mercoledì 15 aprile 2009
Right sialolithiasis with sialodochitis, sialoectasia and sialadenitis
Near the right Warthin duct orifice, there is a signal void consistent with a duct stone. Proximal to that, there are segmental dilatations and stenoses consistent with sialodochitis, or chronic inflammatory change of the duct. Near the mylohyoid turn of the duct, there is another signal void consistent with a stone and proximally, there is a stenosis. In the superficial submandibular gland, there are patchy areas of T2 prolongation consistent with dilated ducts, or sialoectasia. In the deep portion of the submandibular gland, there are no secondary or tertiary ducts because they have closed off due to chronic inflammatory change. There is T2 prolongation of the right submandibular gland, in relation to the left, consistent with sialadenitis.
Diagnosis: Right sialolithiasis with sialodochitis, sialoectasia and sialadenitis
The submandibular gland is the second largest in the mouth. It has relatively viscous secretions, which can predispose to the formation of duct stones.
The submandibular gland has a superficial portion, which is superficial and inferior. The deep portion is deep to the mylohyoid muscles and superior to the superficial lobe. Wharton's duct arises from the deep portion of the gland.
Conventional sialography, with contrast injection of Wharton's duct under fluoroscopy, is a limited evaluation of the duct and the gland, if, as in this case, there is complete obstruction of the distal duct by a stone or stricture. Conventional sialography requires cannulation of the duct, which could be technically difficult. While CT is the best imaging modality to identify sialolithiasis, MR sialography gives the best evaluation of the gland. Sumi et al. established that MR sialography has good correlation between CT imaging findings and clinical findings.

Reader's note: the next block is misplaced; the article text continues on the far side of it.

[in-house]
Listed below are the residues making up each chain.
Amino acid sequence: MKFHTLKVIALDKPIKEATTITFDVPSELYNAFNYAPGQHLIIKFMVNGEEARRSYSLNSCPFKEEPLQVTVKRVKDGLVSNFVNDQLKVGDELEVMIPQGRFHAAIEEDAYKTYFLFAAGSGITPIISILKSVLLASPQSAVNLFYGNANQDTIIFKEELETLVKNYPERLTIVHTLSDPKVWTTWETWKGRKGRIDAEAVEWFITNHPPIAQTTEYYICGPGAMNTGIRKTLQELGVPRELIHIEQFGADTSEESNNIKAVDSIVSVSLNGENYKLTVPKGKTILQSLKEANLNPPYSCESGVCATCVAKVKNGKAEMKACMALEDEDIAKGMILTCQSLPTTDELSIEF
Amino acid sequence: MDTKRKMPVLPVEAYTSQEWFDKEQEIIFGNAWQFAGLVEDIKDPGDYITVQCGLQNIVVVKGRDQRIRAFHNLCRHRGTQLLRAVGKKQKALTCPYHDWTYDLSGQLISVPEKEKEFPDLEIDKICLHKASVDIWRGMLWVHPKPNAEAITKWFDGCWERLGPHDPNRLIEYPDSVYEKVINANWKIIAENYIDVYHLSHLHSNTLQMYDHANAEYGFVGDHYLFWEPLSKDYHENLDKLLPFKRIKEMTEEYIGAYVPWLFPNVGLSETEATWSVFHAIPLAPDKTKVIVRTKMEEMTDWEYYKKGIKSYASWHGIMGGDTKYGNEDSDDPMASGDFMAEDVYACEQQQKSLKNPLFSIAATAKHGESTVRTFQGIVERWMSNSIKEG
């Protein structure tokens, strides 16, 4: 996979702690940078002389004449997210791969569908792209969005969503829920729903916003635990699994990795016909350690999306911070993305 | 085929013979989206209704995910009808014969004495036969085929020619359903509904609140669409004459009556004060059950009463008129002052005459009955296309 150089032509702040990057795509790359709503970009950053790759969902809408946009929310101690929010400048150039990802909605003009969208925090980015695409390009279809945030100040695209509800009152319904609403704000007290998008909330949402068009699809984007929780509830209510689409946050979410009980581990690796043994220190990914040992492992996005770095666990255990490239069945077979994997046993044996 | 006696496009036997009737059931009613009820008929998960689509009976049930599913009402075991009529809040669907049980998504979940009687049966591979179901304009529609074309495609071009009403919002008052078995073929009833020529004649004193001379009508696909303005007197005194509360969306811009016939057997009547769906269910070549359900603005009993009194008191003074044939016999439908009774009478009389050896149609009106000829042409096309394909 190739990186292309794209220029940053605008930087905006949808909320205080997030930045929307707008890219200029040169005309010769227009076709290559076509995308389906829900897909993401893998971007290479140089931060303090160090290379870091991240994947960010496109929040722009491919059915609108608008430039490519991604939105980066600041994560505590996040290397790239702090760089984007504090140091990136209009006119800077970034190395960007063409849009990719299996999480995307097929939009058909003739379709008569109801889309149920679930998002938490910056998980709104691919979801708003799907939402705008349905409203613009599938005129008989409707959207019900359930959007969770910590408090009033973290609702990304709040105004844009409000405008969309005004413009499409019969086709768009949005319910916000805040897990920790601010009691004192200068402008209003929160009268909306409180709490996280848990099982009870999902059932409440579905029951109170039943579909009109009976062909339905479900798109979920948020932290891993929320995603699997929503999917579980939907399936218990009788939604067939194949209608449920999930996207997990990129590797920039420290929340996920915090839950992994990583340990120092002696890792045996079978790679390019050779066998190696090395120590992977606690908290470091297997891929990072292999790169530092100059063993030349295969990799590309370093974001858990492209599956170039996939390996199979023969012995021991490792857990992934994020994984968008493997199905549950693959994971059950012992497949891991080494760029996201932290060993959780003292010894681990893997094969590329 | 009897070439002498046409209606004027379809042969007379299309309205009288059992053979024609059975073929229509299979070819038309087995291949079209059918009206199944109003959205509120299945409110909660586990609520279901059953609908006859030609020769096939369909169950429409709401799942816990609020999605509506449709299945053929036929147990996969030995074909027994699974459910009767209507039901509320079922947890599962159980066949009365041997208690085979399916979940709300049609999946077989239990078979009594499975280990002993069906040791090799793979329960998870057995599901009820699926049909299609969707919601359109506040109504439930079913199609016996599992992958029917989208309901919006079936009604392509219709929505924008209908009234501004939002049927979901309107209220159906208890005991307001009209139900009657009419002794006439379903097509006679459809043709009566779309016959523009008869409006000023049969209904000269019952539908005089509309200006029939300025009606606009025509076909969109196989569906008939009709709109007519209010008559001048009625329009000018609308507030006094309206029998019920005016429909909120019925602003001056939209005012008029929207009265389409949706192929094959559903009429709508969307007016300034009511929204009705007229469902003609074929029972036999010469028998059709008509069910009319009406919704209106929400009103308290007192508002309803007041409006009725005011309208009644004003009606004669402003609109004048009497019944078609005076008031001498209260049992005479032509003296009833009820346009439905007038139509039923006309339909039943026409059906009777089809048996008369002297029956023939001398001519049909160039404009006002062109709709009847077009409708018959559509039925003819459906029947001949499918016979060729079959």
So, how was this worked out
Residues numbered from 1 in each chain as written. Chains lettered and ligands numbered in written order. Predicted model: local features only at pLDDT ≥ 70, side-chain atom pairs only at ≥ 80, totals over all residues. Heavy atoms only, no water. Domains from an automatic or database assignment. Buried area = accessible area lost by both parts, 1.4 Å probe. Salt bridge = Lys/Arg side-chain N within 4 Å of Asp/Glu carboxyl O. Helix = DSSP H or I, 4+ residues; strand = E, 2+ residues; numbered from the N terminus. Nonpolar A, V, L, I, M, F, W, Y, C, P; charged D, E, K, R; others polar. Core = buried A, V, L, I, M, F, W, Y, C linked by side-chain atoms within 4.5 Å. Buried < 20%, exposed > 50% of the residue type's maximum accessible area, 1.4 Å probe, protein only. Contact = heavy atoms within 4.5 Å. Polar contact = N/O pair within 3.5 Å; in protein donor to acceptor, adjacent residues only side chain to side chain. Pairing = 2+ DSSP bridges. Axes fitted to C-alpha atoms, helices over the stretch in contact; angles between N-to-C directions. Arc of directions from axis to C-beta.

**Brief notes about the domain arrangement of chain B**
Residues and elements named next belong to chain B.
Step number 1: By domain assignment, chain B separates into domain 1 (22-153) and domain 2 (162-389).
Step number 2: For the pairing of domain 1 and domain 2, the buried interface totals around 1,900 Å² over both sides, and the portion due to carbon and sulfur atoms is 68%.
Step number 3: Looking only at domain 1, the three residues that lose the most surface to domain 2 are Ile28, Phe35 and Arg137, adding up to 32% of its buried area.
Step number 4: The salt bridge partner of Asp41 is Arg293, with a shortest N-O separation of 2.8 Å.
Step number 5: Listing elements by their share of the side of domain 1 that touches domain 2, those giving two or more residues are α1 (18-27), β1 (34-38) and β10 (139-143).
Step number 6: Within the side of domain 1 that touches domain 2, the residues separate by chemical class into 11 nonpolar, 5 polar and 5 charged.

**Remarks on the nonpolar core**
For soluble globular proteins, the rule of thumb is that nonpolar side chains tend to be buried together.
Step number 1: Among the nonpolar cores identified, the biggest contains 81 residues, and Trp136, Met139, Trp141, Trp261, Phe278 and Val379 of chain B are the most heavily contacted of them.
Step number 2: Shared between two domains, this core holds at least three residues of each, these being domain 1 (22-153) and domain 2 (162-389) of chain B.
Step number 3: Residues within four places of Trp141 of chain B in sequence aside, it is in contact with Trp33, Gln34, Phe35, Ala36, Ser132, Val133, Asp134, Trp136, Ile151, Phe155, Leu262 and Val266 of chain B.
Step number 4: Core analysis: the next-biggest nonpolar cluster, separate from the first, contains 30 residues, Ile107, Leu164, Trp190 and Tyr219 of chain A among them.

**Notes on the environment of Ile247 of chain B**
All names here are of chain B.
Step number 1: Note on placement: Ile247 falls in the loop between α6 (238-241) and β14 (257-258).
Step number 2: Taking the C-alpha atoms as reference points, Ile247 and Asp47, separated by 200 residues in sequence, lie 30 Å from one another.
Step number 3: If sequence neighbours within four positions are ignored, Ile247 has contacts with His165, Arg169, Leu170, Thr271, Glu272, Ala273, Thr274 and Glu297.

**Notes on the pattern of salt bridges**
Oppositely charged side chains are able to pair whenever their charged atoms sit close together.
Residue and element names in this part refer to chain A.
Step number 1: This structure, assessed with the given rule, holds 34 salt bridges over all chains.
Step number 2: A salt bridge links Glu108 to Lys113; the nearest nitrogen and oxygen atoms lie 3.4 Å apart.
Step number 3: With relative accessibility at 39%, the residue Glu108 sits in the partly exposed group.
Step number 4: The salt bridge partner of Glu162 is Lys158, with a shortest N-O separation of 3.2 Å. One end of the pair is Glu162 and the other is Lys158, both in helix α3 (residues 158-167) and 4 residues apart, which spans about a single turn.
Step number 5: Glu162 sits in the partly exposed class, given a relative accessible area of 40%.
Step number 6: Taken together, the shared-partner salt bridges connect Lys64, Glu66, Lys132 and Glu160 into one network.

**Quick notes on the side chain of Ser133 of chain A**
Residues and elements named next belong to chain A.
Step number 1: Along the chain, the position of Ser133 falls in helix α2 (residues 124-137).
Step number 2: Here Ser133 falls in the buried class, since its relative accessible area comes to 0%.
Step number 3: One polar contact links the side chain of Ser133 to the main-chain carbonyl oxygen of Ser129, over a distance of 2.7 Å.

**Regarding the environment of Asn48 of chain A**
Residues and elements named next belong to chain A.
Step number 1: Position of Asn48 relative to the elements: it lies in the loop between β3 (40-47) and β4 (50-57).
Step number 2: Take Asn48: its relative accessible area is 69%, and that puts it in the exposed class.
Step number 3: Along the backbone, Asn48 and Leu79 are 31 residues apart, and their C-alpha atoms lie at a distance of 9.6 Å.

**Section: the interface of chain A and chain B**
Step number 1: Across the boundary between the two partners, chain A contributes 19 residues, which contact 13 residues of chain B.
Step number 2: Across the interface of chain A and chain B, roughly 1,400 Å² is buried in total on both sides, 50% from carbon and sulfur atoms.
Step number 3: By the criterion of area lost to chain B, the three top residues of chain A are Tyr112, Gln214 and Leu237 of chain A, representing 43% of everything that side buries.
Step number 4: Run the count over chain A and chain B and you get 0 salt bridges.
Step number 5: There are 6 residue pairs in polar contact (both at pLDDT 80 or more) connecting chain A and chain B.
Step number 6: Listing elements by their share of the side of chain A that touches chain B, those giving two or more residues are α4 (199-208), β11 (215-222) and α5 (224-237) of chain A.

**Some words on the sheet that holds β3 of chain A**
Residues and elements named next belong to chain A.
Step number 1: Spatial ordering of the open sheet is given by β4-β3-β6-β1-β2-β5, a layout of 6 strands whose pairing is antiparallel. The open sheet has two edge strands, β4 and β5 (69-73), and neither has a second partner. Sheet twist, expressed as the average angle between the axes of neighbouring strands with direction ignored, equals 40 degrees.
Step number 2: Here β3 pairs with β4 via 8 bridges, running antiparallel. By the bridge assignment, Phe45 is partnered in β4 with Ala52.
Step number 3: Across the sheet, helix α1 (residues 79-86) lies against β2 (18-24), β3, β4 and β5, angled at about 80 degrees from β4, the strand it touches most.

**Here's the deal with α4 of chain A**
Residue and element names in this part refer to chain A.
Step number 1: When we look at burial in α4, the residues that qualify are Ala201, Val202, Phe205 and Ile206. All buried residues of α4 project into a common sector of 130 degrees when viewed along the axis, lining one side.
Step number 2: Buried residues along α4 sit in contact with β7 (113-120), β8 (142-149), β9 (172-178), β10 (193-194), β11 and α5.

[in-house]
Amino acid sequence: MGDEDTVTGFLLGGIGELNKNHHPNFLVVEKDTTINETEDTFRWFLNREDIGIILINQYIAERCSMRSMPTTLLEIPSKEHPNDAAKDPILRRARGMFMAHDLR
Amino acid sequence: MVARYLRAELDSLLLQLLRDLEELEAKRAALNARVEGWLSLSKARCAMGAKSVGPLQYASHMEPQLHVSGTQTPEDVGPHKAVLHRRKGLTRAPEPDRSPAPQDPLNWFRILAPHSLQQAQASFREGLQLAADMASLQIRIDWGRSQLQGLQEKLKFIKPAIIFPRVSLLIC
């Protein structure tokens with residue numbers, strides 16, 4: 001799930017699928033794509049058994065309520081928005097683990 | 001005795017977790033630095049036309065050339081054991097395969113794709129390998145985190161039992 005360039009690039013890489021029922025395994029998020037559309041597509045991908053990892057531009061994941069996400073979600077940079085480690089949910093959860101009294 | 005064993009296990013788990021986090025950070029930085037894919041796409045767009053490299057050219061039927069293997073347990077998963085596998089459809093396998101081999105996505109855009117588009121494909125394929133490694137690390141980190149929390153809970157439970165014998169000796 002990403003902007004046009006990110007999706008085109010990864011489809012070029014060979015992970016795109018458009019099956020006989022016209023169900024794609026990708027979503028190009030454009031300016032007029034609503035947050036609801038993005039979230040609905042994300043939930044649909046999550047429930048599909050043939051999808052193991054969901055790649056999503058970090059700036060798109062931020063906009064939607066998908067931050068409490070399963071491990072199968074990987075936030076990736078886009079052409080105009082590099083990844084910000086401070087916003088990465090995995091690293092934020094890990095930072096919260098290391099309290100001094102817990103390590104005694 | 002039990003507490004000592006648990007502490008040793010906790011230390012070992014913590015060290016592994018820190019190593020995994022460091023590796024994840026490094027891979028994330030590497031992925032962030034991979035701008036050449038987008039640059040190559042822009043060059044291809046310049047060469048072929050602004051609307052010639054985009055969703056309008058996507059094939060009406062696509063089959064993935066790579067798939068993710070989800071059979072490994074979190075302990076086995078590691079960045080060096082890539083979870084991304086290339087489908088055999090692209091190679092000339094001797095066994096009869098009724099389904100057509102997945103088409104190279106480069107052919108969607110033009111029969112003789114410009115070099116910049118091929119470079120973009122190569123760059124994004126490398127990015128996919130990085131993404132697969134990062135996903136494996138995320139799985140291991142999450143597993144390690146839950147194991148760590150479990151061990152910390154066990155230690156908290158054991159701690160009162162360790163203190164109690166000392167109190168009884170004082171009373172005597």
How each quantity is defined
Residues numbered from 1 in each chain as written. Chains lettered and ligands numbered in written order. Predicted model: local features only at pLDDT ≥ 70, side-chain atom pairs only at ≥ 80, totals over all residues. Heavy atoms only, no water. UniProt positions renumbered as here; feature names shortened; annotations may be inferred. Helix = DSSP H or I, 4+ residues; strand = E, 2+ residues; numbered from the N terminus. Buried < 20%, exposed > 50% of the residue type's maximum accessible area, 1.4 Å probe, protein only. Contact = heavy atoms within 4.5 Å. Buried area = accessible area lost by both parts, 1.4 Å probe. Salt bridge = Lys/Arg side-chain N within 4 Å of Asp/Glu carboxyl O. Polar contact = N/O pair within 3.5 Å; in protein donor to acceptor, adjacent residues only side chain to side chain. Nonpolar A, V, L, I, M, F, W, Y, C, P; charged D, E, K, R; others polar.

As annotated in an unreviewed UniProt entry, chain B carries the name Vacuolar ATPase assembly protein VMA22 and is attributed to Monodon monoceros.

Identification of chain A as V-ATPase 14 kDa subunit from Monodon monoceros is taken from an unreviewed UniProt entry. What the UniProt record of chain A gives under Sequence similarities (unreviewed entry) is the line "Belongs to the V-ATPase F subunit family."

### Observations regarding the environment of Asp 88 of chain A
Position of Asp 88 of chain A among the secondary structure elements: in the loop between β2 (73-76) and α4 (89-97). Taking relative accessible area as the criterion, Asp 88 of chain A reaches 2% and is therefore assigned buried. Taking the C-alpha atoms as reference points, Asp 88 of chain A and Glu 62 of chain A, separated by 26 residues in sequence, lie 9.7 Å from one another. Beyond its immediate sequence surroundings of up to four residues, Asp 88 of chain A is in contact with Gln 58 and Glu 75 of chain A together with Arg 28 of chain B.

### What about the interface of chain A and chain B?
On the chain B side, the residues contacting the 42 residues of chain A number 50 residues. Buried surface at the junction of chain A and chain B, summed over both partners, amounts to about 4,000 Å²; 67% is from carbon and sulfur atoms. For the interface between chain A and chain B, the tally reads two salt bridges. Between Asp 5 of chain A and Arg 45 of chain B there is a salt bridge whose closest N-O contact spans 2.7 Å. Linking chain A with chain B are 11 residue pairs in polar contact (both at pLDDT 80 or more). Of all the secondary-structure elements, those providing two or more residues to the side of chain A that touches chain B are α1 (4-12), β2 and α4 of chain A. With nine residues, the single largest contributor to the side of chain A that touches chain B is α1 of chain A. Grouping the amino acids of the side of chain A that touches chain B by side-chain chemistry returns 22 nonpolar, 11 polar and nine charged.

Acute sialadenitis can be bacterial or viral. Purulent material can be milked from the duct. Complications can include formation of a fistula to the skin, an abscess or trismus, if the parapharyngeal space is involved. Also, rarely, Ludwig angina, with involvement of the submental and sublingual space, can occur.
Chronic sialadenitis presents with persistent colicky pain with eating. It is not as painful as acute sialadenitis. This is often associated with sialolithiasis.
Sialolithiasis is usually associated with the submandibular gland (70%). The stones are calcium phosphate or calcium carbonate. Formation may be related to calcium salt precipitation, epithelial duct injury or dehydration. Surgical excision is usually needed.
Autoimmune sialadenitis is usually associated with Sjögren's syndrome. MR findings include T2 prolongation of the parotid glands consistent with diffuse parenchymal destruction.